Page:Gummere (1909) The Oldest English Epic.djvu/154

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138
THE OLDEST ENGLISH EPIC


homeward hence, save here we essay
2655to fell the foe and defend the life
of the Weders’ lord. I wot ’twere shame
on the law of our land[1] if alone the king
out of Geatish warriors woe endured
and sank in the struggle! My sword and helmet,
2660breastplate and board, for us both shall serve!”
Through slaughter-reek strode he to succor his chieftain,
his battle-helm bore, and brief words spake:—
“Beowulf dearest, do all bravely,
as in youthful days of yore thou vowedst
2665that while life should last thou wouldst let no wise
thy glory droop! Now, great in deeds,
atheling steadfast, with all thy strength
shield thy life! I will stand to help thee.”
 At the words the worm came once again,
2670murderous monster mad with rage,
with fire-billows flaming, its foes to seek,
the hated men. In heat-waves burned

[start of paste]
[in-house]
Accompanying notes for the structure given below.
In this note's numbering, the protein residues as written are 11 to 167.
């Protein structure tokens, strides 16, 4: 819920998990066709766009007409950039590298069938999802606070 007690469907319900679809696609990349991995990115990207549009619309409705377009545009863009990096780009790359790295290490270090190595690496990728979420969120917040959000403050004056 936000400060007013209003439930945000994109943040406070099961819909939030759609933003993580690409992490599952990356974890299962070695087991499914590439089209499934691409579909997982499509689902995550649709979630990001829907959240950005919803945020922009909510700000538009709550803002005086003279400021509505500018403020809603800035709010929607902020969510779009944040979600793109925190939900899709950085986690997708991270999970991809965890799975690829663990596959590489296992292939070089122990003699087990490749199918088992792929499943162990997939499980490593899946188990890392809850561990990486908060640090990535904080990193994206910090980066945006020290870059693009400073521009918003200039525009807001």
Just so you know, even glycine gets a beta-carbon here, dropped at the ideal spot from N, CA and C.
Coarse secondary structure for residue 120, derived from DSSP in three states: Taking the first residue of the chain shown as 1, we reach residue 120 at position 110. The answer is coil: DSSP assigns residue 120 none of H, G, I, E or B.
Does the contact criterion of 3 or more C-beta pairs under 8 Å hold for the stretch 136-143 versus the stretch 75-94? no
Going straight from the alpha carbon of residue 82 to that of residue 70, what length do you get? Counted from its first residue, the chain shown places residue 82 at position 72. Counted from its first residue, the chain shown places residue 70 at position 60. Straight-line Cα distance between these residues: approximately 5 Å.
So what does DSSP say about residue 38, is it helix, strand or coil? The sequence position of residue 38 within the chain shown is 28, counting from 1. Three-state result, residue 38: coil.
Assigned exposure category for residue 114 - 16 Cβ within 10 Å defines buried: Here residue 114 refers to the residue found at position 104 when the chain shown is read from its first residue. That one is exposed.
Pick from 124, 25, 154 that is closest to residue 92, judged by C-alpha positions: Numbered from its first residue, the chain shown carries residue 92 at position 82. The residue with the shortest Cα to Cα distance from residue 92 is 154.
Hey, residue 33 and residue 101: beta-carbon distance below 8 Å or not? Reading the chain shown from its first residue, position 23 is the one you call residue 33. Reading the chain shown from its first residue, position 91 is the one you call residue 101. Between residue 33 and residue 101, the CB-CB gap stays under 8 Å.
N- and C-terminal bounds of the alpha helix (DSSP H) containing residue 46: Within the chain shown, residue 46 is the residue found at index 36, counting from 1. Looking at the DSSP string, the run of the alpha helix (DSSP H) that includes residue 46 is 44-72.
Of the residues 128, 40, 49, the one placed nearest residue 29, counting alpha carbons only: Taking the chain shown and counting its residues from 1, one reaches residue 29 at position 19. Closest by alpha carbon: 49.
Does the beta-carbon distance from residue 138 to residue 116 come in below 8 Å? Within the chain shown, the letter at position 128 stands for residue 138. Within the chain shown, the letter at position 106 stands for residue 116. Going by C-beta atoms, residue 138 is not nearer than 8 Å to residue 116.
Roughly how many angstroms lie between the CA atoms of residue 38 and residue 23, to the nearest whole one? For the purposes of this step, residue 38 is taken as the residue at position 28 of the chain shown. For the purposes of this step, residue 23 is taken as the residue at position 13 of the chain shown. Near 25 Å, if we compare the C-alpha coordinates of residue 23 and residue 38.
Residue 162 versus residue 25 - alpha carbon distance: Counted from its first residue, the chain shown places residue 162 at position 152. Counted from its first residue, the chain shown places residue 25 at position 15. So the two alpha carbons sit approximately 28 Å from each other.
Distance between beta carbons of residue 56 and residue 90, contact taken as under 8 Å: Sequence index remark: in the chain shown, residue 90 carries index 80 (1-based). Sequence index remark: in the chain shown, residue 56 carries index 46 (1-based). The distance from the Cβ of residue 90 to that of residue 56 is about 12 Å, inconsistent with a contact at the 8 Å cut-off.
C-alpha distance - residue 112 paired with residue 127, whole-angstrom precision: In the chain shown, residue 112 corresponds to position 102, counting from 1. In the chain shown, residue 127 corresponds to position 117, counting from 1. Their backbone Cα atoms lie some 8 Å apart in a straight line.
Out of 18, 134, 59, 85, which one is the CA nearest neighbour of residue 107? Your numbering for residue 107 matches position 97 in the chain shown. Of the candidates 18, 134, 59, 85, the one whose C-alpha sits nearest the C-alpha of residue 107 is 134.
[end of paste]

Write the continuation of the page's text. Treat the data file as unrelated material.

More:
that board[2] to the boss, and the breastplate failed
to shelter at all the spear-thane young.
2675Yet quickly under his kinsman’s shield
went eager the earl, since his own was now
all burned by the blaze. The bold king again
had mind of his glory: with might his glaive
was driven into the dragon’s head,—
2680blow nerved by hate. But Nægling[3] was shivered,

  1. Custom, tradition,—one of the boni mores which, Tacitus says, counts for so much more than law.
  2. Wiglaf’s wooden shield.
  3. Gering would translate “kinsman of the nail,” as both are made of iron.—What is said here of Beowulf’s excessive strength, like the former mention of his early slackness, is a legendary trait of Offa